AI , Robotics and Education Association

Match any image with an imaginary soundscape using this AI-powered web app

By James Vincent  |  May 24 , 2018

Sound can be marvelously evocative; whisking us away from offices and homes to sit beside babbling streams in shady forests, or shiver on an exposed mountain side. But a new project by Japanese researchers takes advantage of this imaginative potential and combines it with AI to magical effect. The resulting web app — “Imaginary Soundscape” — uses machine learning to match any picture you upload with a suitable audio pairing.

Upload an Japanese woodcut of fishing boats, for example, and the system offers waves and water sounds; load an abstract painting of nightingales, and you’re given a garden soundscape of wind chimes and birds. Often the results are exactly what you’d expect, but more interesting is when the system picks up on elements in the picture you might not immediately have thought of (like pairing Megatron with tractor sounds), or that make no sense at all (like this painting of hands matched with sounds from a live sports game). Some quicks tips: you tend to get interesting results when you upload artwork, photographs of human activity, and abstract images. Uploading memes just confuses the machine.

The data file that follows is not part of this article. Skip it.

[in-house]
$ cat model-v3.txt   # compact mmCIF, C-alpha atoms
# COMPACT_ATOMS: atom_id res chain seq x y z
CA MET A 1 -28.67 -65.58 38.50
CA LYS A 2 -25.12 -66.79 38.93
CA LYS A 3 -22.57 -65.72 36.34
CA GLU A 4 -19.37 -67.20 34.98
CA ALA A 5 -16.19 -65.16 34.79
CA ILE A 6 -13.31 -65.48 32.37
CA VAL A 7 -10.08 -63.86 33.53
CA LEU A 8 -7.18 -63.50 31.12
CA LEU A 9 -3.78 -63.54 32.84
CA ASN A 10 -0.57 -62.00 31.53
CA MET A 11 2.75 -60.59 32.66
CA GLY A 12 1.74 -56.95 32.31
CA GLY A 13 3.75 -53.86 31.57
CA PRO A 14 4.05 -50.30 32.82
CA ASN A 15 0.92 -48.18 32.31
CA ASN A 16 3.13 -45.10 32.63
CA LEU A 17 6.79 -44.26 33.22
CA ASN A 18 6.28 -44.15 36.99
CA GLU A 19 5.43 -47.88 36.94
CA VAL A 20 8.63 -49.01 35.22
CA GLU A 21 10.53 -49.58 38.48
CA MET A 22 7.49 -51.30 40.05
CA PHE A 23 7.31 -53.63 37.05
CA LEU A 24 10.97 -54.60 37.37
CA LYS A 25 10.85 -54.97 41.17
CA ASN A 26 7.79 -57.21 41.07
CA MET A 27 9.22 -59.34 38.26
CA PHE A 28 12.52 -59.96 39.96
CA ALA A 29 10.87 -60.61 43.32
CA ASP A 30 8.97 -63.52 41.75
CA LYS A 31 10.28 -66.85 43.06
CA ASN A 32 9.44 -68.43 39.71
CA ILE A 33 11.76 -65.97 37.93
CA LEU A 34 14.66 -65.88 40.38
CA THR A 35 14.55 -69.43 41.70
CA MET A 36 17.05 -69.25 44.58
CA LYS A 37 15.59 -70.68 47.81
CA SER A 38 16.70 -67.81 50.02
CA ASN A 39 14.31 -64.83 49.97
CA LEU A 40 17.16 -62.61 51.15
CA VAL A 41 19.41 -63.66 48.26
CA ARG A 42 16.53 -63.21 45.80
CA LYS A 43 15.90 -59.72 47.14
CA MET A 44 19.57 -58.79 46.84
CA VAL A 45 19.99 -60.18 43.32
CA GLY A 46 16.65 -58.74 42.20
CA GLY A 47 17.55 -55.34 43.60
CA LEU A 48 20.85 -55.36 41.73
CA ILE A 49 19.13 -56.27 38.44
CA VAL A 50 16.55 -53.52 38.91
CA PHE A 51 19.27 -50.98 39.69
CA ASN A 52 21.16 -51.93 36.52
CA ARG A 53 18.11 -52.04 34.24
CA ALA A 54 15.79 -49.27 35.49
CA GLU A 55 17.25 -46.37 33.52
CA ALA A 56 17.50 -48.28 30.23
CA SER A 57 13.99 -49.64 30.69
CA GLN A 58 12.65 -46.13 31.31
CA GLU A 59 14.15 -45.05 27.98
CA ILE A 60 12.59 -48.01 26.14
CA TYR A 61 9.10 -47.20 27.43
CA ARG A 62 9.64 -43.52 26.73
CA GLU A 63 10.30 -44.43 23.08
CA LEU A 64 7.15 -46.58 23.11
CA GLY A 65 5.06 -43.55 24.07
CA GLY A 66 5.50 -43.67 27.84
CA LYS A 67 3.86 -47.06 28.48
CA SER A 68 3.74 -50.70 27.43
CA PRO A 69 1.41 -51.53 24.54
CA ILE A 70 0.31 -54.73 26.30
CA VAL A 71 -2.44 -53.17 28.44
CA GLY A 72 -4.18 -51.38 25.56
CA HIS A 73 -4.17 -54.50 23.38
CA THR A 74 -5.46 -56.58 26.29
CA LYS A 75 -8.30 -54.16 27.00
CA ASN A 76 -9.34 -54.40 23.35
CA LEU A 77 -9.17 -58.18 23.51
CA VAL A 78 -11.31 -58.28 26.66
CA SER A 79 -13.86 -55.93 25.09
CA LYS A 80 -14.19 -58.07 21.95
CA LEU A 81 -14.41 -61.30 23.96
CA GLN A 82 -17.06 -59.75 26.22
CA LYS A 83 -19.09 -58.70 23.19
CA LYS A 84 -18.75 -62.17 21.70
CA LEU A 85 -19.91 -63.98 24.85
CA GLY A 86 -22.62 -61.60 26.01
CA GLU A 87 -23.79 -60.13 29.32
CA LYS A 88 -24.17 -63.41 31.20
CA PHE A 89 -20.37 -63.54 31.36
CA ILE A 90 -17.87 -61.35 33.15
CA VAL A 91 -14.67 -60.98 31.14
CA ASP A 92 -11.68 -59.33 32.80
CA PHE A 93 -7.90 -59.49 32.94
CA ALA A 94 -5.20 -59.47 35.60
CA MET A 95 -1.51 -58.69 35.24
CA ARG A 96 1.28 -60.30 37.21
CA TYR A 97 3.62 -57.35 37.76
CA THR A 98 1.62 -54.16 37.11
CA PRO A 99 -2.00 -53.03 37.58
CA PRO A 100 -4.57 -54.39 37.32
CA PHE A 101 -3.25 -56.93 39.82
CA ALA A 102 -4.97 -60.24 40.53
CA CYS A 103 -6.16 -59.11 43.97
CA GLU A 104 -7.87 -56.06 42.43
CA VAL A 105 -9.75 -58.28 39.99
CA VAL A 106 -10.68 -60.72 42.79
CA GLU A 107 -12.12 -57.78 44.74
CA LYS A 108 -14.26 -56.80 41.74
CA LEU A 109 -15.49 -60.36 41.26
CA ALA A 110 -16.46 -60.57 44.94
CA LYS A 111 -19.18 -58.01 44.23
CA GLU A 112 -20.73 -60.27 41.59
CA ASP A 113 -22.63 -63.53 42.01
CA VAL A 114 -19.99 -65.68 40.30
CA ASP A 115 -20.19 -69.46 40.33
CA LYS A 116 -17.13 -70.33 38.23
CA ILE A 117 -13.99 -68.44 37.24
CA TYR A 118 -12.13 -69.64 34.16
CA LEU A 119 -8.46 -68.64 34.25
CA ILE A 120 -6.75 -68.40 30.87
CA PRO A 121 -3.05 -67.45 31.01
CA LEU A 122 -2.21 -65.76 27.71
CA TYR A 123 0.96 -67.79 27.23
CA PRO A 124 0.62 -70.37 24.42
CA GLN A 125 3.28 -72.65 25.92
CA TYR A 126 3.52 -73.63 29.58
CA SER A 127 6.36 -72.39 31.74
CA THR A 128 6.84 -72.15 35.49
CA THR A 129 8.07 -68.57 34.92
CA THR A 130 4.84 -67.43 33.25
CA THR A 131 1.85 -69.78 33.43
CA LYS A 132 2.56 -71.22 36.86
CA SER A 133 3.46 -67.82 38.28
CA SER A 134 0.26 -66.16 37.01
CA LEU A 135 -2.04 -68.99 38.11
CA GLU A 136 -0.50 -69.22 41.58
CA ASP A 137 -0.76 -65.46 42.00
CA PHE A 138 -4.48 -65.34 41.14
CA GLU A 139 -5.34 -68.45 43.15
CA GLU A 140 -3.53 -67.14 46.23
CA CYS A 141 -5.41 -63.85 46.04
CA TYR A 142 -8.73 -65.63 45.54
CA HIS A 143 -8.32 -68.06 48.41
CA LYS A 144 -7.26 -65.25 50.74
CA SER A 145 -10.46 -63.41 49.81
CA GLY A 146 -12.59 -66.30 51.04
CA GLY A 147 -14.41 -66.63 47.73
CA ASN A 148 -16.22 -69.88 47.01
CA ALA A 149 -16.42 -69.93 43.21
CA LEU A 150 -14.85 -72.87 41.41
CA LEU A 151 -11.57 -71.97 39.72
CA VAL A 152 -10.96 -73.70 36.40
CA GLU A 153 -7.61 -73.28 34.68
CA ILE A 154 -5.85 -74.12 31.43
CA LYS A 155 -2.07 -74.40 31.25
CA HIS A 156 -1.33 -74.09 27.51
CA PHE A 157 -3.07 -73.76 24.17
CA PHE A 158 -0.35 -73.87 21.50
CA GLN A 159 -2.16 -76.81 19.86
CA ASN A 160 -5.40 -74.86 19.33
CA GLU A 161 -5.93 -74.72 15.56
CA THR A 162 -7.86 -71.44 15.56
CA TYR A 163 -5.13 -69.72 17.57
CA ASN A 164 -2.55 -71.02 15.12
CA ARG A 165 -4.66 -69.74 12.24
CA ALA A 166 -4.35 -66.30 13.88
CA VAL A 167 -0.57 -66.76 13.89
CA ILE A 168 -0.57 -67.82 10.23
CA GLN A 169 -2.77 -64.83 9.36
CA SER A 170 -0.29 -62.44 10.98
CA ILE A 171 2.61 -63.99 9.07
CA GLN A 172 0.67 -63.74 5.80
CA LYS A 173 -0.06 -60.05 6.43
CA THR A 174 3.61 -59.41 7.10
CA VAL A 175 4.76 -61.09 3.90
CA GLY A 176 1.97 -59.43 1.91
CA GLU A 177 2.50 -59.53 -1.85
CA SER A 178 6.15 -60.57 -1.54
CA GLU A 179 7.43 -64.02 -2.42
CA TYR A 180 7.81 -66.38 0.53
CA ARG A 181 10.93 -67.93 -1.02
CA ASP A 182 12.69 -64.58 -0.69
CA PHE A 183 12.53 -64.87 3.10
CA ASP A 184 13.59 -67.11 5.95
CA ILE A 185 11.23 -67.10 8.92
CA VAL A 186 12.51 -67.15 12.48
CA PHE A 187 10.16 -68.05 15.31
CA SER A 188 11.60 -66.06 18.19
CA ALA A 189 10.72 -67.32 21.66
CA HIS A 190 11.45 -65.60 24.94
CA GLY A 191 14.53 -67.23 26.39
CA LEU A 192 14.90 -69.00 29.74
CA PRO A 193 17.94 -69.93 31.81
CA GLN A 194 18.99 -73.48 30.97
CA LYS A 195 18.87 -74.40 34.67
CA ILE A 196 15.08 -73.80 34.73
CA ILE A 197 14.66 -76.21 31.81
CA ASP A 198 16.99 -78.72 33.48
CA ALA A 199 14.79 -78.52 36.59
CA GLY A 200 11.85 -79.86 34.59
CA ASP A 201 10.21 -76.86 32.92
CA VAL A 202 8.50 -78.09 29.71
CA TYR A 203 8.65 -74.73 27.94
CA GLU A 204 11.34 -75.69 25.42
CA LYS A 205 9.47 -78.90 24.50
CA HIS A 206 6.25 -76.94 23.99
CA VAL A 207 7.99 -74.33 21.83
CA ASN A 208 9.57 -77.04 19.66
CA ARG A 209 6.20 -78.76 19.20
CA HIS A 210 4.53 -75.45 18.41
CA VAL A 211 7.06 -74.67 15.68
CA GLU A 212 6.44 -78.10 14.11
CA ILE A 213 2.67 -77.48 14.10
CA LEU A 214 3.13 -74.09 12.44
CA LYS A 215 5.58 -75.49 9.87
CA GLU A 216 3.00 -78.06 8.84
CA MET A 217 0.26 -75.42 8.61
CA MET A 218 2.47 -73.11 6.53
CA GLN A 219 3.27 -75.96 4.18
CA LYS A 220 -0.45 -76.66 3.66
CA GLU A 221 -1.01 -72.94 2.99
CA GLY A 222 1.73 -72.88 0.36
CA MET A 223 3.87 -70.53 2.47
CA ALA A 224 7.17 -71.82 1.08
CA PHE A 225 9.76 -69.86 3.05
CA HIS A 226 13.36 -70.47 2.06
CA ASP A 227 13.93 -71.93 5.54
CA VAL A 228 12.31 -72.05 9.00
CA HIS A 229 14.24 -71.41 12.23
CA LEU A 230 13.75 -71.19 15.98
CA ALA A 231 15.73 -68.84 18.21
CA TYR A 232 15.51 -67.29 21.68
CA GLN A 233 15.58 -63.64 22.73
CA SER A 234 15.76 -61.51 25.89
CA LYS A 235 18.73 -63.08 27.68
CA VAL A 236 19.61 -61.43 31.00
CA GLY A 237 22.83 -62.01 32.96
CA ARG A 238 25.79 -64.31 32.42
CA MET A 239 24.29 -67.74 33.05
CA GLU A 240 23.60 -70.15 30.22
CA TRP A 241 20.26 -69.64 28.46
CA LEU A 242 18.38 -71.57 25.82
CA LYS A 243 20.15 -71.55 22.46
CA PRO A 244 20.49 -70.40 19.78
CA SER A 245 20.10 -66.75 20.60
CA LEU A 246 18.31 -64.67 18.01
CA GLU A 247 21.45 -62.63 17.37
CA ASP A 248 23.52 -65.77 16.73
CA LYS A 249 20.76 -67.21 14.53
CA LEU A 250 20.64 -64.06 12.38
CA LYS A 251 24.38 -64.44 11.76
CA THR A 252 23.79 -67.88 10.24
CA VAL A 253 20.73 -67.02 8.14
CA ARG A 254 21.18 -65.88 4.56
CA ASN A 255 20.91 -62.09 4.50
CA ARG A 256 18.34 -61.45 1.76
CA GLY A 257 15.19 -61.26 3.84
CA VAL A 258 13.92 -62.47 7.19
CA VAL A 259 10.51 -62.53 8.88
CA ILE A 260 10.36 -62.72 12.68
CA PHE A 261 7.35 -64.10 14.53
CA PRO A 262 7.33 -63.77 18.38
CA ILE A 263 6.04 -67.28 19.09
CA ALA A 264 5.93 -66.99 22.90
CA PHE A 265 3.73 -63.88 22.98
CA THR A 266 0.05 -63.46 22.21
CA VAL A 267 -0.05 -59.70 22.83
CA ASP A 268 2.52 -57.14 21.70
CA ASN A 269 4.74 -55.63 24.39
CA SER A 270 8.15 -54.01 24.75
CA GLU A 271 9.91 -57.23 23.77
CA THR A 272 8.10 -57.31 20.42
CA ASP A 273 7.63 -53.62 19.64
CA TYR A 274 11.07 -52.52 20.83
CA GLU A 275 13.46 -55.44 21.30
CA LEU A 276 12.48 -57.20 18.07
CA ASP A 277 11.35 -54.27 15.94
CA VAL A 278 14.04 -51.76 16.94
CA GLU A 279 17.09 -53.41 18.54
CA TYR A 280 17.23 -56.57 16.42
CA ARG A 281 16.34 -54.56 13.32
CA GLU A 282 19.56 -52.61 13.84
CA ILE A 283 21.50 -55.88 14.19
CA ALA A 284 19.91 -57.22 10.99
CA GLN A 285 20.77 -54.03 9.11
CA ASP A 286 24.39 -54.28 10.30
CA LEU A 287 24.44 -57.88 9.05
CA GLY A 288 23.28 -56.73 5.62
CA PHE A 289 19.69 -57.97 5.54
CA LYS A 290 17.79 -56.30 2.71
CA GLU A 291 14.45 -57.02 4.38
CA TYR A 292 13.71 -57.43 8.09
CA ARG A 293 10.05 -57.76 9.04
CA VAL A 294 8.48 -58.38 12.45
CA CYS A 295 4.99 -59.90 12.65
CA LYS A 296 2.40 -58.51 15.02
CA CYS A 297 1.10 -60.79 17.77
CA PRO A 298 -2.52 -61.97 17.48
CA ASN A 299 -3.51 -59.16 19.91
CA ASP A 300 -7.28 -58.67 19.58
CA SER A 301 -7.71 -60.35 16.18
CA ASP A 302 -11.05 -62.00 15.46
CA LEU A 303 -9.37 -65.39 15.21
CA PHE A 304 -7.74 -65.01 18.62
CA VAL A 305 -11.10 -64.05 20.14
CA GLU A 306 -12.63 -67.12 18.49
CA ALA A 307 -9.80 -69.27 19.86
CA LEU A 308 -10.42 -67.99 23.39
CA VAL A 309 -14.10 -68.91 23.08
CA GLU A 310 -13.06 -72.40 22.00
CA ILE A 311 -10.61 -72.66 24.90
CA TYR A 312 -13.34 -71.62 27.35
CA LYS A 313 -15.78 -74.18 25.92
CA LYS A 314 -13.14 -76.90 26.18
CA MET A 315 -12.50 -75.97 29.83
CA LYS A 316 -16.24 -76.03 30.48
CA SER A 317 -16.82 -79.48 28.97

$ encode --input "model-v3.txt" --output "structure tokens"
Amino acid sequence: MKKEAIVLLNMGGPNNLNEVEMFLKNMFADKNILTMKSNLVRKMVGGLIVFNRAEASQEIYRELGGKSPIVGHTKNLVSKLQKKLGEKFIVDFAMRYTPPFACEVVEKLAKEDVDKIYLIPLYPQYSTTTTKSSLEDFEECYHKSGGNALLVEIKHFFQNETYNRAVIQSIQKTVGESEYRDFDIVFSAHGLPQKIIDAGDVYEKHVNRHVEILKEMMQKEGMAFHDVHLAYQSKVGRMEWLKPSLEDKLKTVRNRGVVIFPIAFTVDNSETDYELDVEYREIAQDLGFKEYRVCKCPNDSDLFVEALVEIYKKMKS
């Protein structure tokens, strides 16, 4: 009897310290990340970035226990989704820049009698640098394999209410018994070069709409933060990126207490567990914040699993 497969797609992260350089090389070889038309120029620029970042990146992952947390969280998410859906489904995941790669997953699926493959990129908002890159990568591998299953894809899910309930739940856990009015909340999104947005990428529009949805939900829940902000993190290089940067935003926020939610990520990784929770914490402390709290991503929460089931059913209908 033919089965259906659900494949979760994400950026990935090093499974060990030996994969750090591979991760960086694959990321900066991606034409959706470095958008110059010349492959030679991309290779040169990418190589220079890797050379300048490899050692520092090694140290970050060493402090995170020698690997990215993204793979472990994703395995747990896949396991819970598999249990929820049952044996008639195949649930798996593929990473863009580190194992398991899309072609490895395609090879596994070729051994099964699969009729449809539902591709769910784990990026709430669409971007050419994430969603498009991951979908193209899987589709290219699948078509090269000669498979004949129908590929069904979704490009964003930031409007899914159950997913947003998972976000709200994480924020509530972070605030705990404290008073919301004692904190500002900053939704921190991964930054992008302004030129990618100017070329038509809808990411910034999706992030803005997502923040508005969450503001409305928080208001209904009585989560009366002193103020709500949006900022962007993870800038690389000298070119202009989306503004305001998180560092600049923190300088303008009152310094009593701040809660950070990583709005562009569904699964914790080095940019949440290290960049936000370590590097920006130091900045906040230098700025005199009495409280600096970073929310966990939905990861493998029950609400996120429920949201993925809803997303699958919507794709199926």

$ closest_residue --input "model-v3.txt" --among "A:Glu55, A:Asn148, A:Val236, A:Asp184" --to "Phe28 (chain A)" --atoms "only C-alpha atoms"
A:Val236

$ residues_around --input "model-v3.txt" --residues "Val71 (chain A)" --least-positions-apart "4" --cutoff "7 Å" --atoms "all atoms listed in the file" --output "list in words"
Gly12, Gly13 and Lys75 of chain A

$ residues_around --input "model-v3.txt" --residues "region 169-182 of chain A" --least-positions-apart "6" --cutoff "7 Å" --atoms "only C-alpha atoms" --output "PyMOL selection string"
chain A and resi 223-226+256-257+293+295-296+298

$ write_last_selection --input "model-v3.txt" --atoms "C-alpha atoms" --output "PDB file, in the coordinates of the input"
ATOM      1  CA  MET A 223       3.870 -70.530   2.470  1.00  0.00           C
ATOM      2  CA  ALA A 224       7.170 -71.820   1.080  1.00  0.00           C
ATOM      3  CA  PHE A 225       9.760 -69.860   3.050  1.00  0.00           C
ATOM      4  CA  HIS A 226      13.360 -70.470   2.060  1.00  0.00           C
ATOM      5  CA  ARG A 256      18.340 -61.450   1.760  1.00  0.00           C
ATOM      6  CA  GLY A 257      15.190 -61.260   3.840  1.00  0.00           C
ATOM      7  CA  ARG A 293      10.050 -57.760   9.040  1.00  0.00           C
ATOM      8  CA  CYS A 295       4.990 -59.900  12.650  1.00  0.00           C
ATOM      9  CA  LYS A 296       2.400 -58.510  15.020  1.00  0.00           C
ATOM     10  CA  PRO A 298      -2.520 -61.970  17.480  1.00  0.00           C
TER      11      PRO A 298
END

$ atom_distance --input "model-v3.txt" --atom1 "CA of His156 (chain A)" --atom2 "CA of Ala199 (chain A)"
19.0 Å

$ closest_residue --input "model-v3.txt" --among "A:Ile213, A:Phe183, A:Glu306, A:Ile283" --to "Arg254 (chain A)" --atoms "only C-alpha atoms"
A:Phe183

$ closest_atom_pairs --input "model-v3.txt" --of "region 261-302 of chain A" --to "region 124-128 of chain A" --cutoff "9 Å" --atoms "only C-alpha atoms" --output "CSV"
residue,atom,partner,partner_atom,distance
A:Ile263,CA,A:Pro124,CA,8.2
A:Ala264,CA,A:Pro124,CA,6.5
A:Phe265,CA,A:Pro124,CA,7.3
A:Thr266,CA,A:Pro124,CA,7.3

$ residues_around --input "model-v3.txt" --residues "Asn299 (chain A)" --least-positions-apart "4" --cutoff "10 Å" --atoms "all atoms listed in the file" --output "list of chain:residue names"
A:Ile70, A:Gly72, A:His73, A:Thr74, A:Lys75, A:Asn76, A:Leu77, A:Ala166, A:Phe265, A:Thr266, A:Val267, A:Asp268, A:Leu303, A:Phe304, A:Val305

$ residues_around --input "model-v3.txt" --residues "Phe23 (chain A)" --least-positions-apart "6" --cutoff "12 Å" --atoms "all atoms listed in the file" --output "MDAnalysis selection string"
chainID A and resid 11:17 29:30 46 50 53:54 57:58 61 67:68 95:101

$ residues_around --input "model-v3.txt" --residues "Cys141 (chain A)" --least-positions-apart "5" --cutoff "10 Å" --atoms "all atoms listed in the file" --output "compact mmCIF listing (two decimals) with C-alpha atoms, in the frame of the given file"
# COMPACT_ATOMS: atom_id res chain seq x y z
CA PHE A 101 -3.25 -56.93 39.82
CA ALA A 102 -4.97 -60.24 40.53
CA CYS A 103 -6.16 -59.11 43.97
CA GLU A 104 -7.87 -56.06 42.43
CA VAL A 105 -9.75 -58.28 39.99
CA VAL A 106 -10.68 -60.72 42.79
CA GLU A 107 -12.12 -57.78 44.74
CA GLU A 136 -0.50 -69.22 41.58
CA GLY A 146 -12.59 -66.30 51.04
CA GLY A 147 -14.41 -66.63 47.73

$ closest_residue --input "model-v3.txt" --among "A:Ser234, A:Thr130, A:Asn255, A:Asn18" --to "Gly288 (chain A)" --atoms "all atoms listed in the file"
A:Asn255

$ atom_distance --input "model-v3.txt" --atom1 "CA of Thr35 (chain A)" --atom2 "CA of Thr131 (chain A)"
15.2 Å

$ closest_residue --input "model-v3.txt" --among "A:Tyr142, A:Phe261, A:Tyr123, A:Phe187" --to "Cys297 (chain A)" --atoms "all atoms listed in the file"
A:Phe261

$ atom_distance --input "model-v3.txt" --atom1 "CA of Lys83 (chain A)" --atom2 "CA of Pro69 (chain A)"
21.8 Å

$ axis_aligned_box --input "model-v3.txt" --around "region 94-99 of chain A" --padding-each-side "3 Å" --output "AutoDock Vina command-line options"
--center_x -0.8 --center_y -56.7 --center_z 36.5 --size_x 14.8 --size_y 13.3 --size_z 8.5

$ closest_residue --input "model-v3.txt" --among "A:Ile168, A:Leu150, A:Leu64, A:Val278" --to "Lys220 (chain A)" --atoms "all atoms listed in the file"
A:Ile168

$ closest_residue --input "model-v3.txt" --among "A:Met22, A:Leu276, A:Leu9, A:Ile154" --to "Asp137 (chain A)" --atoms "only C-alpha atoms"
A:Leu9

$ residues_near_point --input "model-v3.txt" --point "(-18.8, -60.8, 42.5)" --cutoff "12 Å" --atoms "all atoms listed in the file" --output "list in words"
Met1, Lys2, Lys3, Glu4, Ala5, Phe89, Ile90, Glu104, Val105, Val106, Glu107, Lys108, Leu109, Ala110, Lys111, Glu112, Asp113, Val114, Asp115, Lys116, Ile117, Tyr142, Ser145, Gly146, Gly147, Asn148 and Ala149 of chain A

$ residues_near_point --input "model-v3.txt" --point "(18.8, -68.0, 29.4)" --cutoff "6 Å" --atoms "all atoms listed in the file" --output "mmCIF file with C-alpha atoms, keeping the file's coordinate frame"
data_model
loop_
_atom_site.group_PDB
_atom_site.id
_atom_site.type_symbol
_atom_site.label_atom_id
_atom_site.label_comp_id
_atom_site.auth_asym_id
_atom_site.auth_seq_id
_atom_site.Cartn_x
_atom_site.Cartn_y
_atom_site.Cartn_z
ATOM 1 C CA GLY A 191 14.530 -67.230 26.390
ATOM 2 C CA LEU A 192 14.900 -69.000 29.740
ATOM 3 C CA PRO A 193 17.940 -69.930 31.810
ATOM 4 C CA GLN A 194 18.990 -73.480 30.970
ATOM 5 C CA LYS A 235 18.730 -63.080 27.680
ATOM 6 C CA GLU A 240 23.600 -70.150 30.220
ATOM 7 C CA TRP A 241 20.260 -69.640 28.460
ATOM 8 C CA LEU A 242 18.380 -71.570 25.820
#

All this is the product of a relatively simple AI mechanism. It uses object recognition to identify elements within the image, and then matches these to a dataset of more than 52,000 sound files. The researchers responsible — Yuma Kajihara, Shoya Dozono, and Nao Tokui of the University of Toky — have been working on this sort of “cross modal” model for years. An earlier version of Imaginary Soundscapes launched in January to match audio with images from Google Street View, and you can read this blog post from Tokui for more of the background on that project. (He cites Brian Eno as an inspiration.) It’s a fun little app and a fantastic example of the new types of creative expression AI enables. The system isn’t perfect — the objection recognition makes errors, and the sound database is unavoidably incomplete — but that’s part of the charm. If anything, the serendipitous and unexpected soundscapes it produces are more interesting than the “correct” matches. Let us know what pairs you make in the comments below.

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